Jonathan is a former certification instructor for the Int’l Society of Arboriculture at Lake Washington Technical Institute in Kirkland WA, where he served as advisor to the horticulture department, and developed and taught a range of adjunct classes. Jonathan also served on the education committee and helped develop the workshop curriculum at Seattle Tilth. Mostly though, Jonathan taught pruning, garden renovation and tree planting to thousands at PlantAmnesty over a 30 year period in the Seattle area, while working as a professional gardener and arborist.
Ellen Vande Visse
Beyond Compost: There are Other Ways to Build Your Humus
What if you could get more vibrant crops AND help reduce atmospheric CO2? Well, you absolutely can! Learn how to be a Carbon-Sequestering Gardener/Farmer. No matter that we expect hotter and drier summers. Mobilize these 7 strategies for more crop resilience, more colorful flowers, less irrigating, tastier veggies. Learn how to grow soil humus while stabilizing our climate.
For 12 years, Ellen played in the soil as a market gardener (organic, of course). For another 6-year tour of fun, she grew produce for the National Outdoor Leadership School’s kitchen, Alaska Branch. Ellen teaches courses on sustainable and non-toxic growing methods through UAA and Mat-Su College, as well as through her Good Earth Garden School near Palmer. She is now the Compost Instructor for the Mat-Su Borough, offering continual free classes. Ellen authored the Alaskan gardening book, Ask Mother Nature, A Conscious Gardeners Guide.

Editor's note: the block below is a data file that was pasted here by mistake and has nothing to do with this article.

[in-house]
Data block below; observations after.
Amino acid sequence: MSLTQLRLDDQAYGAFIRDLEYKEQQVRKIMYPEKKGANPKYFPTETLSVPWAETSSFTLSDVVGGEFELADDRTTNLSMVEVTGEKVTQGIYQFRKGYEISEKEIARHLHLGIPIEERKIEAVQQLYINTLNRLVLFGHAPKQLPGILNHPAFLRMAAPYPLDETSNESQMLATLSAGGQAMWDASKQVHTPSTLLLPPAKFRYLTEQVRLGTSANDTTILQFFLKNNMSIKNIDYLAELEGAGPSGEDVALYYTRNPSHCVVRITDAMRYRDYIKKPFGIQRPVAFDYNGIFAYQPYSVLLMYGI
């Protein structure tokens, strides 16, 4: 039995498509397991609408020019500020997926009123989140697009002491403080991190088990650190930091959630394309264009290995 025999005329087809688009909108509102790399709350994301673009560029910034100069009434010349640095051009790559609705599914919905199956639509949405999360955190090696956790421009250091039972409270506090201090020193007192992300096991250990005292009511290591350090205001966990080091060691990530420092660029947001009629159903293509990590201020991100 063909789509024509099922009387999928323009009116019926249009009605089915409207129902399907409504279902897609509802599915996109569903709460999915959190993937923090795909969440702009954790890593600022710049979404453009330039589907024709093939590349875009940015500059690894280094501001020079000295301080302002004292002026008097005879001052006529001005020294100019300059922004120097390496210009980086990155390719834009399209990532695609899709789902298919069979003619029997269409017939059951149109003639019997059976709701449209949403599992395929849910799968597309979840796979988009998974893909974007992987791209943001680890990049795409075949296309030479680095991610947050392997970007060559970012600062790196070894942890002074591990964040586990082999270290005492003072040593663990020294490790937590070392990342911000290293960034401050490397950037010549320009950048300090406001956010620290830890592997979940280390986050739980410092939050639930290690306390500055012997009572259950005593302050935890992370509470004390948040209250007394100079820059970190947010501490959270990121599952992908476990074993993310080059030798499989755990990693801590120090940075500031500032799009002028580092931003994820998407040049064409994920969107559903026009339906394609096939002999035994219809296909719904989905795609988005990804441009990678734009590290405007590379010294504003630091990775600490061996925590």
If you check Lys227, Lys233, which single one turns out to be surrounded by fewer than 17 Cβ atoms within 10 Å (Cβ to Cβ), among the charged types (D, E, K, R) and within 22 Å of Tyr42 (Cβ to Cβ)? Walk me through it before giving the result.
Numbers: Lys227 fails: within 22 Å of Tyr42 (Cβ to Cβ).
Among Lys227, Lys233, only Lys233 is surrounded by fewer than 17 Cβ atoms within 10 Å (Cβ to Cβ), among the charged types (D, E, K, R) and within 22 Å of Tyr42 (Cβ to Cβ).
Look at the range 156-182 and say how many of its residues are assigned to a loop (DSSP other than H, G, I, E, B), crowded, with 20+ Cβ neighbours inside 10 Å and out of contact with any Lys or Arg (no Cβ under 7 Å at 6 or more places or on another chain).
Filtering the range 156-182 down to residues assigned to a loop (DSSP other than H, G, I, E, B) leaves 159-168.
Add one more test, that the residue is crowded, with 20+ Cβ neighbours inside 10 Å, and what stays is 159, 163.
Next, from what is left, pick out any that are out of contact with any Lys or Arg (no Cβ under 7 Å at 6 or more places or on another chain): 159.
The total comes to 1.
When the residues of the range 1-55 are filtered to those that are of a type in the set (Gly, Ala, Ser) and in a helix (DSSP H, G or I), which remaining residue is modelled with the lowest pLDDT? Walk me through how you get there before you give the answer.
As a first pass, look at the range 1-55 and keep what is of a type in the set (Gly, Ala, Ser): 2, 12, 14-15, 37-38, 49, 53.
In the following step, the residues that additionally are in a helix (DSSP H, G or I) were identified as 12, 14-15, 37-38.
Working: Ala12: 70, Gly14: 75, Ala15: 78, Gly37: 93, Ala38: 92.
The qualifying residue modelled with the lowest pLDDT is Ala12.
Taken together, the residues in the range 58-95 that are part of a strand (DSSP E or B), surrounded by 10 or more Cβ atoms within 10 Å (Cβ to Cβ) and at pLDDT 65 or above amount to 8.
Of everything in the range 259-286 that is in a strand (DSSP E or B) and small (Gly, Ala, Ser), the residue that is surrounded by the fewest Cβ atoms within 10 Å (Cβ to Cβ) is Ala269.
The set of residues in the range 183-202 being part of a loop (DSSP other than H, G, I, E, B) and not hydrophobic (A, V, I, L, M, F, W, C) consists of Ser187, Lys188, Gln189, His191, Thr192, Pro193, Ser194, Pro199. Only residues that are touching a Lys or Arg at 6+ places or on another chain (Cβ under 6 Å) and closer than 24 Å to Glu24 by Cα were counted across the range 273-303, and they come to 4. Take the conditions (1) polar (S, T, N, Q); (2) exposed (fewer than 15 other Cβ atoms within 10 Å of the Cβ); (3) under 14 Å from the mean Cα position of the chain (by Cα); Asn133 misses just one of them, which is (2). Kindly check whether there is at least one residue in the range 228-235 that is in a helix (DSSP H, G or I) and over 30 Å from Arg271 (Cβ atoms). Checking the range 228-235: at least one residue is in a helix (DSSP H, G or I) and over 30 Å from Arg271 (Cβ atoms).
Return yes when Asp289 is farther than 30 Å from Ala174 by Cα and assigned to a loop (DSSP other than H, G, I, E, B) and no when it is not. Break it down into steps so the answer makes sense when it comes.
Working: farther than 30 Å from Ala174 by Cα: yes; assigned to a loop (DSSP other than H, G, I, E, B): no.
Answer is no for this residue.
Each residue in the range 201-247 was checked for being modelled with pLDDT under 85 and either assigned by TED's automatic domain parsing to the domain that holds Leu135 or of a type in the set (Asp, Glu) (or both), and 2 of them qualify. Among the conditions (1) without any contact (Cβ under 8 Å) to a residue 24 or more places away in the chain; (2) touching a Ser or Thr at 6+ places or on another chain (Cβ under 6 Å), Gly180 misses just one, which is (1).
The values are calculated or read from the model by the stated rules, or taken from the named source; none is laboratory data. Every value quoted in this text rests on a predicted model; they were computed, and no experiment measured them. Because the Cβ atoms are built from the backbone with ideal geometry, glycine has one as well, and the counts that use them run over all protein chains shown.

Growing Forest Gardens in Alaska
Working with nature to mimic healthy ecosystems, we can design forest gardens to grow food abundantly with less maintenance and few inputs. This talk will summarize over 15 years of trials in design and building of gardens and understanding the challenges of selecting trees, shrubs and perennial plants that can thrive in our area. We will talk about the micro-climates and how this influences garden design, as well as how to design for a changing climate using plants and landscape features.
Christine is passionate about growing food and helping others to grow food. The vast majority of her family’s vegetables and fruits come from their Anchorage Hillside forest garden. Christine has practiced permaculture for almost three decades and has a Permaculture Design Certificate from the Permaculture Research Institute. She has taught mushroom cultivation workshops for Alaska Community Actions on Toxins (ACAT), Alaska Cold Climate Permaculture Institute, and Mushrooms for the Garden and Composting workshops for Yarducopia/ACAT. For the past 6 years she taught Wild Edibles workshops for Winter BOW Workshop (ADF&G). Christine is also a biomedical scientist by training.
Starting May 18, 2020
May 18, 2020 through September 13, 2020
Adults 18-64 ..................... $12
Students .............................. $10
Seniors 65+ ......................... $10
Military ................................... $10
Youth age 7-17 ............... $8
Children 6 and under ... FREE
Self Guided Camps, Daycare or Education groups ..... $5 per child
ABG does not extend free admission to members of other botanical gardens at this time. Members of other gardens are eligible for a 10% discount in the Gift Shop and Nursery.
WINTER GARDEN HOURS
(other than Holiday Lights)
Monday - Friday
10:00am - 4:00pm
Closed major holidays
(other than Holiday Lights)
Sept 16, 2019 through
May 17, 2020